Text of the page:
Held on the 70th anniversary of the Universal Declaration of Human Rights, the conference included a keynote by Vatican Secretary of State Cardinal Pietro Parolin, given Dec. 10, and panels by international experts in the field of human rights.
Also present at the conference were members of the Holy See’s diplomatic corps and representatives of the United Nations, Council of Europe, the bishops’ Justice and Peace commission, the academic world, and civil society.
“I wish, on this occasion,” the pope wrote, “to address a heartfelt appeal to those with institutional responsibilities, asking them to place human rights at the center of all policies, including those of development cooperation, even when this means going against the current.”
On the anniversary of the Universal Declaration of Human Rights “an in-depth reflection on the foundation and respect for human rights in the contemporary world seems opportune,” he said, adding that he hopes it will herald in a “renewed commitment to the defense of human dignity, with special attention to the most vulnerable members of the community.”
He noted that contemporary society continues to fall short of upholding and protecting the equal dignity of all human beings as it should, with many injustices continuing in the world today, including that of great disparity in wealth, with one part of society living “in opulence” and another “disowned, despised, or trampled.”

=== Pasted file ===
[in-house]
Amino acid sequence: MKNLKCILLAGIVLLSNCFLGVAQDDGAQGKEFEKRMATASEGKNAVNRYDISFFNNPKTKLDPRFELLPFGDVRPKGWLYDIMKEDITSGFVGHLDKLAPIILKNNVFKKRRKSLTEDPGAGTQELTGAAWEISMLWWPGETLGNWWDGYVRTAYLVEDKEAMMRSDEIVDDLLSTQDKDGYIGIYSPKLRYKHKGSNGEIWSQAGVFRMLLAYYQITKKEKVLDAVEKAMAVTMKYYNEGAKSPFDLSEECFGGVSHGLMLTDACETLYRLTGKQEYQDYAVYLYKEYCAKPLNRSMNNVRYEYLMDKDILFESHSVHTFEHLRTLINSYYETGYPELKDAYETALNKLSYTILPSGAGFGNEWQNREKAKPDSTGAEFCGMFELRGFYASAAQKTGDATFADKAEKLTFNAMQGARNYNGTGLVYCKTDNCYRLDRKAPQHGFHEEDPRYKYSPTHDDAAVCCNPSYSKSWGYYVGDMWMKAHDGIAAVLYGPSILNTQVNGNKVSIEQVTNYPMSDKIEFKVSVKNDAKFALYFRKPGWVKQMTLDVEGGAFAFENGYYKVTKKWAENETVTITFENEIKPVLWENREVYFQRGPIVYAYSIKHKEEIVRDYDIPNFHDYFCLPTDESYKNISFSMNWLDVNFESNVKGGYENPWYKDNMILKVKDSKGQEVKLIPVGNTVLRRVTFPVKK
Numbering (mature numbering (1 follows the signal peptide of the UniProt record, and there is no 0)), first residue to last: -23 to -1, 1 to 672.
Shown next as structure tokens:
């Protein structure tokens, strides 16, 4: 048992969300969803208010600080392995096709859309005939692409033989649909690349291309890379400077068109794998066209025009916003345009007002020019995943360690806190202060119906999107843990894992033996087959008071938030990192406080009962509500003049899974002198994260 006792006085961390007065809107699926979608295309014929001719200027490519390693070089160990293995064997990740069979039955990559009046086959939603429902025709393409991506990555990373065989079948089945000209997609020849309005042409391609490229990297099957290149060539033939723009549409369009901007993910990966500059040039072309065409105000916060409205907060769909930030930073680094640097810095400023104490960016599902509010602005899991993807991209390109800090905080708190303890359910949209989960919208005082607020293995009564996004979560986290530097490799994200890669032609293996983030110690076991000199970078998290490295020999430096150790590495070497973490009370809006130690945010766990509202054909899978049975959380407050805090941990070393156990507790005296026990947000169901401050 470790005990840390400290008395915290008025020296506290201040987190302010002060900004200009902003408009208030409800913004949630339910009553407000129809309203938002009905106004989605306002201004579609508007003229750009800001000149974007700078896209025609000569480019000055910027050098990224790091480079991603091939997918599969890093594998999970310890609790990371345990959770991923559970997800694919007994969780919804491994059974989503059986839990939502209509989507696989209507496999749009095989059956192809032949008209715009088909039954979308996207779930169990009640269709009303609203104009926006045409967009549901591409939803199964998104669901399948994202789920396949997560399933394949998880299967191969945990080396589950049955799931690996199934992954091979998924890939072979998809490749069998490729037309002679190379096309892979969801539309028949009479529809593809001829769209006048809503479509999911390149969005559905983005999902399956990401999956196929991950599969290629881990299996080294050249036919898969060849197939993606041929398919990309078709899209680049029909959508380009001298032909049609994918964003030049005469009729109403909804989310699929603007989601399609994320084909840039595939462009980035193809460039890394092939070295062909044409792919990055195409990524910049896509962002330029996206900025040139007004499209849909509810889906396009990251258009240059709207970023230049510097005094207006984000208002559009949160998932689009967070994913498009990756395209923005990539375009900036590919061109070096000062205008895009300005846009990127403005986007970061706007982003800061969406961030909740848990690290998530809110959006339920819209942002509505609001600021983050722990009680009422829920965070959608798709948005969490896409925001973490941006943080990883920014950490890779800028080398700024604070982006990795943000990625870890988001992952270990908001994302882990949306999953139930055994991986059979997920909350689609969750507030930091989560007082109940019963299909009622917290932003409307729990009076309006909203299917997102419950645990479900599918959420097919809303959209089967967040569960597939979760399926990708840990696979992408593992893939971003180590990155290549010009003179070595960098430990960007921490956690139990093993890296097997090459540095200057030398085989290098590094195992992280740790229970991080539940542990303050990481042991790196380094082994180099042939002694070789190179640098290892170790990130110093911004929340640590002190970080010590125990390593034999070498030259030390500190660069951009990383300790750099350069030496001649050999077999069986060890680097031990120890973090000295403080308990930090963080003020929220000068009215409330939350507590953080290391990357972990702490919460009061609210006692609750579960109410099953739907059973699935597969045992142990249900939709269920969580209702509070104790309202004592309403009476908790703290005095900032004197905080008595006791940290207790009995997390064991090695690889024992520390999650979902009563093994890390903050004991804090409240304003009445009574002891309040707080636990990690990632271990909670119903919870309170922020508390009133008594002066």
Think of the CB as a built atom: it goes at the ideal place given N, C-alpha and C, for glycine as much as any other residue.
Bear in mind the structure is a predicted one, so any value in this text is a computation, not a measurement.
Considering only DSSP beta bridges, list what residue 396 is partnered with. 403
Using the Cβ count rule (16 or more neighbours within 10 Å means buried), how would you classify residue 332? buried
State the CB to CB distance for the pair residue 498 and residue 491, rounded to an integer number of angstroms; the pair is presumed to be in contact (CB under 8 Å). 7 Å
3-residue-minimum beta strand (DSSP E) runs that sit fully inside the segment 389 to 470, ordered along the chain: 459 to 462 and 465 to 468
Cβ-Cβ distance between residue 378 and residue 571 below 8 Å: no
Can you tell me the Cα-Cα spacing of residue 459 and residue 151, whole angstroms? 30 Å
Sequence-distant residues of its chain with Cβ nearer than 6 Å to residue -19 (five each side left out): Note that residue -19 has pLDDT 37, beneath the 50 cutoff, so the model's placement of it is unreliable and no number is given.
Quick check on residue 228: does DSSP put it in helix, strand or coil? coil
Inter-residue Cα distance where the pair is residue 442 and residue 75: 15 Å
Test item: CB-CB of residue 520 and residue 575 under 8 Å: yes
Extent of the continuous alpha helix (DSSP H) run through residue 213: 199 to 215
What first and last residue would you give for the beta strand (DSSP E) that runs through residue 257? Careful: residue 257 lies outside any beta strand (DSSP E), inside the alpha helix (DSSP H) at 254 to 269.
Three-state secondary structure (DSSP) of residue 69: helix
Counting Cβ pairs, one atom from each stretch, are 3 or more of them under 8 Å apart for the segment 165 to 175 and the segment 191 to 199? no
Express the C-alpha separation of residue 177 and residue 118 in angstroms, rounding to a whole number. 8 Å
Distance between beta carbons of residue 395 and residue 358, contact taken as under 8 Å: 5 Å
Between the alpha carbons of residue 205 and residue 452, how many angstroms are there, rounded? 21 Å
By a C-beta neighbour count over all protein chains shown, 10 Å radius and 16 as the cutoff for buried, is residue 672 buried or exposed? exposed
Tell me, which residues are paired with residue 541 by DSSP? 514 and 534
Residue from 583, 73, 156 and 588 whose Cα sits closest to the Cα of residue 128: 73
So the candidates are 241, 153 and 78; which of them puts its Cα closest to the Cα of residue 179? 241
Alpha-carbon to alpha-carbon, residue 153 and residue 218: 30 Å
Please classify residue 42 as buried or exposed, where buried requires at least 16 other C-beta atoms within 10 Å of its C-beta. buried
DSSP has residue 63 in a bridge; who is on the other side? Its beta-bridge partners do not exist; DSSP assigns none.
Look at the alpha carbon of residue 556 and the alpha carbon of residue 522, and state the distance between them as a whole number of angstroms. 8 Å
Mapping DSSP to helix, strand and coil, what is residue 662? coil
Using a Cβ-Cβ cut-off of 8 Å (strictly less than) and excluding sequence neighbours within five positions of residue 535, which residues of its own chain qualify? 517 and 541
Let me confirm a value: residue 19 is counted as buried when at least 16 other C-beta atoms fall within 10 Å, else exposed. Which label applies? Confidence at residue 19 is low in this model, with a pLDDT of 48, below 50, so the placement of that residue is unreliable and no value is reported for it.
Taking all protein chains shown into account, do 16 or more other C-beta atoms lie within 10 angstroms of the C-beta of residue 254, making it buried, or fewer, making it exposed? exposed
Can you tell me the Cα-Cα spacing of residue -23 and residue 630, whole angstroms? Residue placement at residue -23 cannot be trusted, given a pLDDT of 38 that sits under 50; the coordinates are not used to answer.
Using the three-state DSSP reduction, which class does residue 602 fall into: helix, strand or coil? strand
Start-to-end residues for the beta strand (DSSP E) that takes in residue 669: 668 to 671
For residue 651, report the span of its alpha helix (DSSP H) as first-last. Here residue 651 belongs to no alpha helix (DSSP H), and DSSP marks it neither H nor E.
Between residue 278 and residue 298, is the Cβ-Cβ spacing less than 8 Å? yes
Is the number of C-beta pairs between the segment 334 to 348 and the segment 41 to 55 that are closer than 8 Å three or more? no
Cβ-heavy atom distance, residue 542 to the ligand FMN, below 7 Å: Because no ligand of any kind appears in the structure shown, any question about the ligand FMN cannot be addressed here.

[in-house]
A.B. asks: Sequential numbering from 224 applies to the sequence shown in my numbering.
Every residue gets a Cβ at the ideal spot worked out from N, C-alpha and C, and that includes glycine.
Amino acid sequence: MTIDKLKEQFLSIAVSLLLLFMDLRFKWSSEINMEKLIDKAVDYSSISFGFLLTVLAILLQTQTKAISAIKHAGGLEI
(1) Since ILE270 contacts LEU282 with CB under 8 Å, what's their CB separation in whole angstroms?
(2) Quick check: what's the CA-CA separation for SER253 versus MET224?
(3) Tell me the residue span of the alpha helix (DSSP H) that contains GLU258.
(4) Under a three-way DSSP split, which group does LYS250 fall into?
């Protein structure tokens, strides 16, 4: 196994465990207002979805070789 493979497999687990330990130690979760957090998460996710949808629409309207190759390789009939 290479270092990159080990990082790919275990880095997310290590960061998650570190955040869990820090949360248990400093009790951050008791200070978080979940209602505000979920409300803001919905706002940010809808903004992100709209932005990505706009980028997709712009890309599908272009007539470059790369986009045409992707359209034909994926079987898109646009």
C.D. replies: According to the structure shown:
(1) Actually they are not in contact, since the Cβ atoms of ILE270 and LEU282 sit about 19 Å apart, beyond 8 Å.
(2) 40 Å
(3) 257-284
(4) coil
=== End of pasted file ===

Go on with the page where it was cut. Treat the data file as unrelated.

He listed, in particular, “the unborn children who are denied the right to come into the world,” “those who do not have access to the indispensable means for a dignified life,” those without access to education or just work, those forced into slavery or inhuman conditions, those subjected to torture “or who are denied the opportunity to redeem themselves,” and the victims of “forced disappearance” and their families.
“My thoughts,” he said, “also go to all those who live in a climate dominated by suspicion and contempt, which are the subject of acts of intolerance, discrimination and violence because of their racial, ethnic, national or religious affiliation.”
Pope Francis also recalled those who suffer violations of their fundamental rights due to armed conflicts “while unscrupulous merchants of death are enriched at the price of their brothers’ and sisters’ blood.”
“In the face of these serious phenomena, we are all called upon [to help],” he said.